Search All of the Math Forum:
Views expressed in these public forums are not endorsed by
Drexel University or The Math Forum.



Re: Number of variables needed to axiomatize first order predicate calculus?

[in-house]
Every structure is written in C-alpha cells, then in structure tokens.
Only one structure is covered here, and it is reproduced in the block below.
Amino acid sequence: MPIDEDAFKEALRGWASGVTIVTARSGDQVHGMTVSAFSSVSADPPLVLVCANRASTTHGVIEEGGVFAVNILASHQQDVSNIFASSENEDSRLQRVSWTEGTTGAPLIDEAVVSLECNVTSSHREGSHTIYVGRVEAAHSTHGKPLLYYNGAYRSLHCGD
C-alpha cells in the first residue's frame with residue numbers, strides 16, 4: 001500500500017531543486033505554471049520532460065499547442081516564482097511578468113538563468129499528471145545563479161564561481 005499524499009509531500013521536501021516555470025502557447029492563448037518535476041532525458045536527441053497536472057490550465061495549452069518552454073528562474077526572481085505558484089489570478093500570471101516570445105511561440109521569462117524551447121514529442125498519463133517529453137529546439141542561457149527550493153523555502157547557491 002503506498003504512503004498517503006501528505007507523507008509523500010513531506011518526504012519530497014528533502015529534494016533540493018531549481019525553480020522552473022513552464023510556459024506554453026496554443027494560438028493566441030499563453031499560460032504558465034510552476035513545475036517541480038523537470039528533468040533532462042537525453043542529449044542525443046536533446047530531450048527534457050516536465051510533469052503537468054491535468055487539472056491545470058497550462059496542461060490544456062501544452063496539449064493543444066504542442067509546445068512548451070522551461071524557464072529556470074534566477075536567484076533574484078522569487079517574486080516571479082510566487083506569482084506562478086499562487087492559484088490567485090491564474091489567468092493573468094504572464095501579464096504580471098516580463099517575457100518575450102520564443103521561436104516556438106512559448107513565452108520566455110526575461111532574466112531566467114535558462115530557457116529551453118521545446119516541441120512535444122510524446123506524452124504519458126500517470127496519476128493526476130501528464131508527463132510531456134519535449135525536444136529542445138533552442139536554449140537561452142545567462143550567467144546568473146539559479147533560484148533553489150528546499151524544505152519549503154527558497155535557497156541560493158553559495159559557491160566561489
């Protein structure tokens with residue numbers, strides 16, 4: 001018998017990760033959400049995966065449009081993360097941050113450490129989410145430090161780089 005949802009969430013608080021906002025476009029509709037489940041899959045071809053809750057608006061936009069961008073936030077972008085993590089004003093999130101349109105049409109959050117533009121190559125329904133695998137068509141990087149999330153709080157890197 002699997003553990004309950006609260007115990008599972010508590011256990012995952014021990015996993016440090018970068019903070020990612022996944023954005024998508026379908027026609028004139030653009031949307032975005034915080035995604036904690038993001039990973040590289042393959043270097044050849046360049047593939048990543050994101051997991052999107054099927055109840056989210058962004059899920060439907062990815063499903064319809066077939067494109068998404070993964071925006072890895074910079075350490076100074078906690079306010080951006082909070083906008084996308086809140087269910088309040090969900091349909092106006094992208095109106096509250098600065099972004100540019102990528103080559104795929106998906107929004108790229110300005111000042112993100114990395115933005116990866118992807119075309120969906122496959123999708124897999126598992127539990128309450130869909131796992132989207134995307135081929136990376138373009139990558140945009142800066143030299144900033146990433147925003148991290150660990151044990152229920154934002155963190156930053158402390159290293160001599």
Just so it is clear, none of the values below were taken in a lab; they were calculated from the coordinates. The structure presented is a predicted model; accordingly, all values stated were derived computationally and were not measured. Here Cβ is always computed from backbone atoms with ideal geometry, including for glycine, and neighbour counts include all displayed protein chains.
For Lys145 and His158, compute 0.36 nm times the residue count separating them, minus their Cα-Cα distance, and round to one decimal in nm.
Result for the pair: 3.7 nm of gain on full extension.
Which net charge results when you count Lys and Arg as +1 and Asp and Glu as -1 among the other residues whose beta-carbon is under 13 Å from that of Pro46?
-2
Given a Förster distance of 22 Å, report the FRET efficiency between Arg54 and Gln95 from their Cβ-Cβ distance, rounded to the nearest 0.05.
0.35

Posted:
Mar 15, 2013 8:55 PM